But be not too hasty now. Flip’s idea was a long while in the making and all that time on his lonesome had left him bereft of suitable skills of sociability. He laughed nervously at funerals, not knowing why. Anxiety drove him to dive into flower gardens to avoid potential friends. Romance was no option, his mind spinning blanks on all topics, like a broken poker machine. The best Flip could do was nod, smile and listen. He never felt ‘enough’ in those situations. See, his mind was always elsewhere, a flood of lights swirling behind the mask he wore to keep from blinding everyone else.

One day at a party, a random girl called Adeline was offering him a drink. He smiled and nodded and listened as she told him about her work: how she tamed tigers and lassoed llamas on a weekend but was working towards a career in creative design. The lights were particularly blinding that evening – in his inner window of the sky he saw bridges and towers, cogs, wheels and levers, all manner of Steampunk and Magicka twisted as one, reaching ever upward.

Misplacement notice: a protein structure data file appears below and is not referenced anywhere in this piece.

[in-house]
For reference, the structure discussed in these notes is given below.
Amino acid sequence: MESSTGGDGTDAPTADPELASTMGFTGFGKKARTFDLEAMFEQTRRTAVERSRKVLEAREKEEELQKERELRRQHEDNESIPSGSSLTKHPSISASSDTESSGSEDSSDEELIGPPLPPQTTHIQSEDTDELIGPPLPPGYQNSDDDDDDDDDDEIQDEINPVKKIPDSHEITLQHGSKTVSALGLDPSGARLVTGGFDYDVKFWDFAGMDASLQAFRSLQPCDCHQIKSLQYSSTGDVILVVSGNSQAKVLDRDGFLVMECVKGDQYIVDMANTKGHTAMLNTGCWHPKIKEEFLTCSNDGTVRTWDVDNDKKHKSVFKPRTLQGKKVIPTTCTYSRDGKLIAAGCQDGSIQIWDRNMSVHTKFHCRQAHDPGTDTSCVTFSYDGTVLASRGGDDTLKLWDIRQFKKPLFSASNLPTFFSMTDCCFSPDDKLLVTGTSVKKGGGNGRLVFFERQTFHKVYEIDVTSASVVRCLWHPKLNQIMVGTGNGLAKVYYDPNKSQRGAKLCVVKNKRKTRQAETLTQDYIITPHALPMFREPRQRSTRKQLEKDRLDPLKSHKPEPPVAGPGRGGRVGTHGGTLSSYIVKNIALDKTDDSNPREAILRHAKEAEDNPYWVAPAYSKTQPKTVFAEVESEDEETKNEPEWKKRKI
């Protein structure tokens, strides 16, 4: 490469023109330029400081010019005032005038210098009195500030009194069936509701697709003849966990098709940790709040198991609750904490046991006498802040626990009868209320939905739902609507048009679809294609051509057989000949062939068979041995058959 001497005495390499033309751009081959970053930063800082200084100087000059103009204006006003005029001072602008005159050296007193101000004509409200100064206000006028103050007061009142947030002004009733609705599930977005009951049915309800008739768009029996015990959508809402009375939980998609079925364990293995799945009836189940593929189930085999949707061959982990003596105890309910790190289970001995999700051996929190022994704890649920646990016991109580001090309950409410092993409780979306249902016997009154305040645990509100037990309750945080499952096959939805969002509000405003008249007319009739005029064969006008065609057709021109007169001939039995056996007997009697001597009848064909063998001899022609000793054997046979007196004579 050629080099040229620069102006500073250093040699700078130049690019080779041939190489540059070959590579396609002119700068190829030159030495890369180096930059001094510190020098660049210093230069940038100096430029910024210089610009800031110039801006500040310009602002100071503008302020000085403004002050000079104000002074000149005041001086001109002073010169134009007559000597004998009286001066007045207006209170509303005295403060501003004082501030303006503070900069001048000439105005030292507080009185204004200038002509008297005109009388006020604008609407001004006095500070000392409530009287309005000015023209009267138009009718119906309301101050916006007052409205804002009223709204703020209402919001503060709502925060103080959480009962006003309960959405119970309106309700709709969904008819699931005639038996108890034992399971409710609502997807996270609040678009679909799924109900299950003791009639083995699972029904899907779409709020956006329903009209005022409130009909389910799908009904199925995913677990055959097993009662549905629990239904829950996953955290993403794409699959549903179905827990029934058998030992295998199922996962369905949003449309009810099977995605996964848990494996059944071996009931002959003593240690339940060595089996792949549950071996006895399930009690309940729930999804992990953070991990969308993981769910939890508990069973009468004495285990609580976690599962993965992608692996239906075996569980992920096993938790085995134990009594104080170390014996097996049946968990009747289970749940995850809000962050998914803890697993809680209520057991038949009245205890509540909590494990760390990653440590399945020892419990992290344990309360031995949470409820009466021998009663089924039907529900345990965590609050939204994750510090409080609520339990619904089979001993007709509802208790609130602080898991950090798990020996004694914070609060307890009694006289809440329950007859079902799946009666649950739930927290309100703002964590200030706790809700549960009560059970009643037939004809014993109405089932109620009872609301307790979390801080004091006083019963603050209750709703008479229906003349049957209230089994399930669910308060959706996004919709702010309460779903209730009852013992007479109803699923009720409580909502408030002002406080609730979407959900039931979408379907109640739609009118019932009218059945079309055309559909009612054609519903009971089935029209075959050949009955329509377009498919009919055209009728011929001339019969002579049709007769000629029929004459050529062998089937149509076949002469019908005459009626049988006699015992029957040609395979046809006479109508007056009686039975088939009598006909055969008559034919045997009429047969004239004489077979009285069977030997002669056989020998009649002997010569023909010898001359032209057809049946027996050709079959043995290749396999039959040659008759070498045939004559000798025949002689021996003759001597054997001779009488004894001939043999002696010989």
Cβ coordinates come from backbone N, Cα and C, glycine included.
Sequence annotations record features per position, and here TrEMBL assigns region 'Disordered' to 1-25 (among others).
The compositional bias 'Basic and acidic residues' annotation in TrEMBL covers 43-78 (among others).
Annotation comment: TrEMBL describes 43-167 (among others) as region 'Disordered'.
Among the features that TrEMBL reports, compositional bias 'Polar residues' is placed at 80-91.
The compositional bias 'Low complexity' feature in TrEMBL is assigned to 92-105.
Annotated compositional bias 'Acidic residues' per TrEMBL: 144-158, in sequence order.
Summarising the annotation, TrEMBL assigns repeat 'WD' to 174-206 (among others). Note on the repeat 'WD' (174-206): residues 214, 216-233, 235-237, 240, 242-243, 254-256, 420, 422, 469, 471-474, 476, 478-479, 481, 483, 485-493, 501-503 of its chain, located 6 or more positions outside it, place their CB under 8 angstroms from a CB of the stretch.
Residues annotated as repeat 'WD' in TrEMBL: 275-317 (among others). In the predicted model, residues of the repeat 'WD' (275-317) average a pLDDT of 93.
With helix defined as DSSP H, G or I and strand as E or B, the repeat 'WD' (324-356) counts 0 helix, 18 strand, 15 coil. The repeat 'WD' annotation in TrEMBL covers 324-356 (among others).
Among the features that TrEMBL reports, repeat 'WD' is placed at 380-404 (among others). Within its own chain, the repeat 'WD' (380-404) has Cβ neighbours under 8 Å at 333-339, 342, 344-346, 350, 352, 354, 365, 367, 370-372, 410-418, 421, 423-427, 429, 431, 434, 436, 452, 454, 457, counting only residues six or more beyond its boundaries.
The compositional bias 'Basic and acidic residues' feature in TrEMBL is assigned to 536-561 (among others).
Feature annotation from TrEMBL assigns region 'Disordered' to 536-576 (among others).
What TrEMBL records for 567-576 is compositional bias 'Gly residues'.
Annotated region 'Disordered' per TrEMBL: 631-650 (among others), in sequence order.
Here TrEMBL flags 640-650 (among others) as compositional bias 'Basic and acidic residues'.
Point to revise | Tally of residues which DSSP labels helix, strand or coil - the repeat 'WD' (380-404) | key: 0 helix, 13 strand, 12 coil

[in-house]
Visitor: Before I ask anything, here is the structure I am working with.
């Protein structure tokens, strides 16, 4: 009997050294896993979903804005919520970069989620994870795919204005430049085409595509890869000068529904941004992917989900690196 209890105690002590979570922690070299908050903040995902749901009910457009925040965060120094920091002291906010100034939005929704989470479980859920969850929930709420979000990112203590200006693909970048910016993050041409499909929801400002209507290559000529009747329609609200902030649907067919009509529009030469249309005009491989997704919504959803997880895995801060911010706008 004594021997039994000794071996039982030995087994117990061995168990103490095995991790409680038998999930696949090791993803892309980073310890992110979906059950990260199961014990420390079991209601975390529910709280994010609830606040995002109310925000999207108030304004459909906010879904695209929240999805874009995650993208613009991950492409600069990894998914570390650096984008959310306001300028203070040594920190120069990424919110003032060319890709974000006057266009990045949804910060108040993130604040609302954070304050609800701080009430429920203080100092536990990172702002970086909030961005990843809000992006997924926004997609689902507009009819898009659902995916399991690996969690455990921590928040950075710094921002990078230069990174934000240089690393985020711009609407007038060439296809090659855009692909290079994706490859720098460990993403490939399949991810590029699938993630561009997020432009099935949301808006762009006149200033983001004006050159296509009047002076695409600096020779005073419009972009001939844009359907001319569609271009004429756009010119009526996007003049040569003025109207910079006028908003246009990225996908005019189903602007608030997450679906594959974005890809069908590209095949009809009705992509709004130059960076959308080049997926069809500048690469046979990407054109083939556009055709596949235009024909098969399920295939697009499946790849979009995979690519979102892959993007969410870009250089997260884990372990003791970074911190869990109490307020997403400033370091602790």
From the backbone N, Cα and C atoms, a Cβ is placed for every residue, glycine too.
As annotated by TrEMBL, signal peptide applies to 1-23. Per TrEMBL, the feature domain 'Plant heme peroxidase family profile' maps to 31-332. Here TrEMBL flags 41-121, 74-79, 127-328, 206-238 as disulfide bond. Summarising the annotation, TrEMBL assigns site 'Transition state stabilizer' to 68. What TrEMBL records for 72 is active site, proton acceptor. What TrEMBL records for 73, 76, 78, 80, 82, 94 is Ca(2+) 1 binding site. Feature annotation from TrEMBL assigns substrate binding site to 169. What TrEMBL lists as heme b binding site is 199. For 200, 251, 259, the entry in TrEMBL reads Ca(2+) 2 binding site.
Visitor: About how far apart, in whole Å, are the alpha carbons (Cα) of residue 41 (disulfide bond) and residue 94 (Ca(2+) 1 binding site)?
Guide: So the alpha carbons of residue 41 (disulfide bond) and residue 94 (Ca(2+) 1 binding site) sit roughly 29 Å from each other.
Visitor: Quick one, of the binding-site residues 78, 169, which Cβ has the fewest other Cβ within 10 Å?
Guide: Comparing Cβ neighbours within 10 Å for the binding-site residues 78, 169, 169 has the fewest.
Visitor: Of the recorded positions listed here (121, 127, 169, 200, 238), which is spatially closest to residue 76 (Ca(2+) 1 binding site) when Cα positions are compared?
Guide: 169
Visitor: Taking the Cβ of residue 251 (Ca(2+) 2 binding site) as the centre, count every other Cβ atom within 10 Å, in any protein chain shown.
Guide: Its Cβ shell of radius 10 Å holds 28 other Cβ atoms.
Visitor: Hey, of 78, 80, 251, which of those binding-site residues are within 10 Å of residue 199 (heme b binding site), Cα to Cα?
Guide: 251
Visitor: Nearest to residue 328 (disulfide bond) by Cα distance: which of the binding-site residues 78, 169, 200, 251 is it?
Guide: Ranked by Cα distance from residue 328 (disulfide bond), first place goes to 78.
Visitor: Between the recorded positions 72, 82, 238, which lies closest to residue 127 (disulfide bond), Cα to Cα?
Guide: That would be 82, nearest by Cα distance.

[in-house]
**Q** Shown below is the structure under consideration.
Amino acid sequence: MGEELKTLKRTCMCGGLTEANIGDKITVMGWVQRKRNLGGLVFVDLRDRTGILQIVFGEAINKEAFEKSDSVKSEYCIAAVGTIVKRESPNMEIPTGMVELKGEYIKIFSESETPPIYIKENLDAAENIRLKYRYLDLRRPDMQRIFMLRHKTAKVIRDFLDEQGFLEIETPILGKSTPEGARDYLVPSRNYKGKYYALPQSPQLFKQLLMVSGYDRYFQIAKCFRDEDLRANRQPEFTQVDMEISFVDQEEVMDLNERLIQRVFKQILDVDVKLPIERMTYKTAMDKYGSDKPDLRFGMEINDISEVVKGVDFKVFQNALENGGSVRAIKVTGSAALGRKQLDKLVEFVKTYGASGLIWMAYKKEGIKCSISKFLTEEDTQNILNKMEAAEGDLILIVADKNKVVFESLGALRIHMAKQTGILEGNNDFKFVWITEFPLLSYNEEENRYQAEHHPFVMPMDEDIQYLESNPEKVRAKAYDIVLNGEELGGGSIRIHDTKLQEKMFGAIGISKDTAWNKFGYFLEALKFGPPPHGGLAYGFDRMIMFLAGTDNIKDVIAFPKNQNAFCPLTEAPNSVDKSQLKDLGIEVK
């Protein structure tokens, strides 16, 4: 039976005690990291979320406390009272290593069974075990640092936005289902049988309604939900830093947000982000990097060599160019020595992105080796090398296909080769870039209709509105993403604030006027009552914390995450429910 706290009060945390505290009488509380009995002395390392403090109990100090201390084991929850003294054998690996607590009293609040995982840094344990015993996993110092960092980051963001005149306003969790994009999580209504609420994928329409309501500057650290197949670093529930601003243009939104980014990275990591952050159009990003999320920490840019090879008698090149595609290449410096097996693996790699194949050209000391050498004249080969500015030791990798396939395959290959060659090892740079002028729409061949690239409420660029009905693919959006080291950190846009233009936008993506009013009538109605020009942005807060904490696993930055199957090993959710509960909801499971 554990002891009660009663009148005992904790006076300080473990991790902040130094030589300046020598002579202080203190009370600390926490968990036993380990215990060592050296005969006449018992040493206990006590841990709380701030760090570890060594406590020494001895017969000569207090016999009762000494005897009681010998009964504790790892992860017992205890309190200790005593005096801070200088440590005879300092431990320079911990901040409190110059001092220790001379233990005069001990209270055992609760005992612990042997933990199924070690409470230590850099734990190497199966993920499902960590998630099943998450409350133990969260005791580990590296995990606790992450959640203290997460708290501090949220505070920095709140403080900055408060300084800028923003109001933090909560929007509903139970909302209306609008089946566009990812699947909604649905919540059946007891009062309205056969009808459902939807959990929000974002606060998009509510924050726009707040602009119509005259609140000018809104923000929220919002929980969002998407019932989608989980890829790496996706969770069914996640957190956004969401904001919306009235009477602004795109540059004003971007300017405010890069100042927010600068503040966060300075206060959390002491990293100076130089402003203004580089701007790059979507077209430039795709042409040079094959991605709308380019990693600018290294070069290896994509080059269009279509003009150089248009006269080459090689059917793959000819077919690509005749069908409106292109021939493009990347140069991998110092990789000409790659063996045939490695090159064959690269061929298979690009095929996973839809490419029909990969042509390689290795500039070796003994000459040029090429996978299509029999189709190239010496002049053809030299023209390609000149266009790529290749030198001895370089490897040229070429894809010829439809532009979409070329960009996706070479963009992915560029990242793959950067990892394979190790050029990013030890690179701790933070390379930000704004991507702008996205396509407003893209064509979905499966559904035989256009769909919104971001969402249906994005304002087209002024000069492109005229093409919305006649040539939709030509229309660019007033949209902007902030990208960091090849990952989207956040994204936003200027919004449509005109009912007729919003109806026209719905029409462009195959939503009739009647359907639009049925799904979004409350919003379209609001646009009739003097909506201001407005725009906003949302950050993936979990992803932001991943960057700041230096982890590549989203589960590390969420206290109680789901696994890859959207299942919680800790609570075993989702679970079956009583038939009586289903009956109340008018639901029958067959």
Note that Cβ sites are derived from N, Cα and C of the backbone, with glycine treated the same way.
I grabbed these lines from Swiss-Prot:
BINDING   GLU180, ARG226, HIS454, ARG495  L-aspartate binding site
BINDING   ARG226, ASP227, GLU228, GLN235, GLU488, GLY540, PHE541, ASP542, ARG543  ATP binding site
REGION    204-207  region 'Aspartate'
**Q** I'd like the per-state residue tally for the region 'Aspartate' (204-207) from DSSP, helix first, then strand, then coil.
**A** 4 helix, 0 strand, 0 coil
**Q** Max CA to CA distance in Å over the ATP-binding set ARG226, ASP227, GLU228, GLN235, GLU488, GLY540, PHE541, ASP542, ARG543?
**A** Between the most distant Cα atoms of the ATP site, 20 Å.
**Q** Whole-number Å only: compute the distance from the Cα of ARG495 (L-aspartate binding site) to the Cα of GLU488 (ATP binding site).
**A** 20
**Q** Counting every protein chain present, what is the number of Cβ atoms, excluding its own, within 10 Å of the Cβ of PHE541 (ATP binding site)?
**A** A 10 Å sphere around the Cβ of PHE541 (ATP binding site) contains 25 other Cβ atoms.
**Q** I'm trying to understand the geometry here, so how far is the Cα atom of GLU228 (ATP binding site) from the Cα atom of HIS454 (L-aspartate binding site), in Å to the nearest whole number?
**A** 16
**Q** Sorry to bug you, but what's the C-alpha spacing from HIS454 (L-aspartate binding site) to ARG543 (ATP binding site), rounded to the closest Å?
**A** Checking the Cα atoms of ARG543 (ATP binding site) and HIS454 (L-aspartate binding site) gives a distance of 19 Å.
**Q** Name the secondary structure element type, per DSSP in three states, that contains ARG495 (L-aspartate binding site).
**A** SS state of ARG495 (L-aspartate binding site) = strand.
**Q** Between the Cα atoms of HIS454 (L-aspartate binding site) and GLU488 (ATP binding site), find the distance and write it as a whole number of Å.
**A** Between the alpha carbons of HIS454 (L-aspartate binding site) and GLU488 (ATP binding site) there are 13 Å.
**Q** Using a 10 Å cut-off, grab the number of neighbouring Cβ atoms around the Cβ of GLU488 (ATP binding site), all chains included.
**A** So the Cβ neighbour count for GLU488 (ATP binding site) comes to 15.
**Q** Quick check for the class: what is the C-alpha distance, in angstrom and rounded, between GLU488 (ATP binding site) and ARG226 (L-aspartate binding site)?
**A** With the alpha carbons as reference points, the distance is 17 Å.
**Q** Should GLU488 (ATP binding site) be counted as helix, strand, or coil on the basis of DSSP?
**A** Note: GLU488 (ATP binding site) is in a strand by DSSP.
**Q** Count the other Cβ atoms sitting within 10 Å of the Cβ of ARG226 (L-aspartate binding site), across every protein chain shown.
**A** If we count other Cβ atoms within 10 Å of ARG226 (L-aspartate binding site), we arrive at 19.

Adeline chatted. Flip nodded, smiled and listened.

‘So, what do you do?’

Flip coughed abruptly, spilling his drink as nerves knitted a net around his nominal notions.

‘Umm. I, ah, do lots. Random things, really. But, um, I’ve always wanted to, you know, paint.  With the sun.’

Adeline stared him squarely in the eye, a lingering look that lasted longer in his memory than it did in real space-time. ‘With the sun?’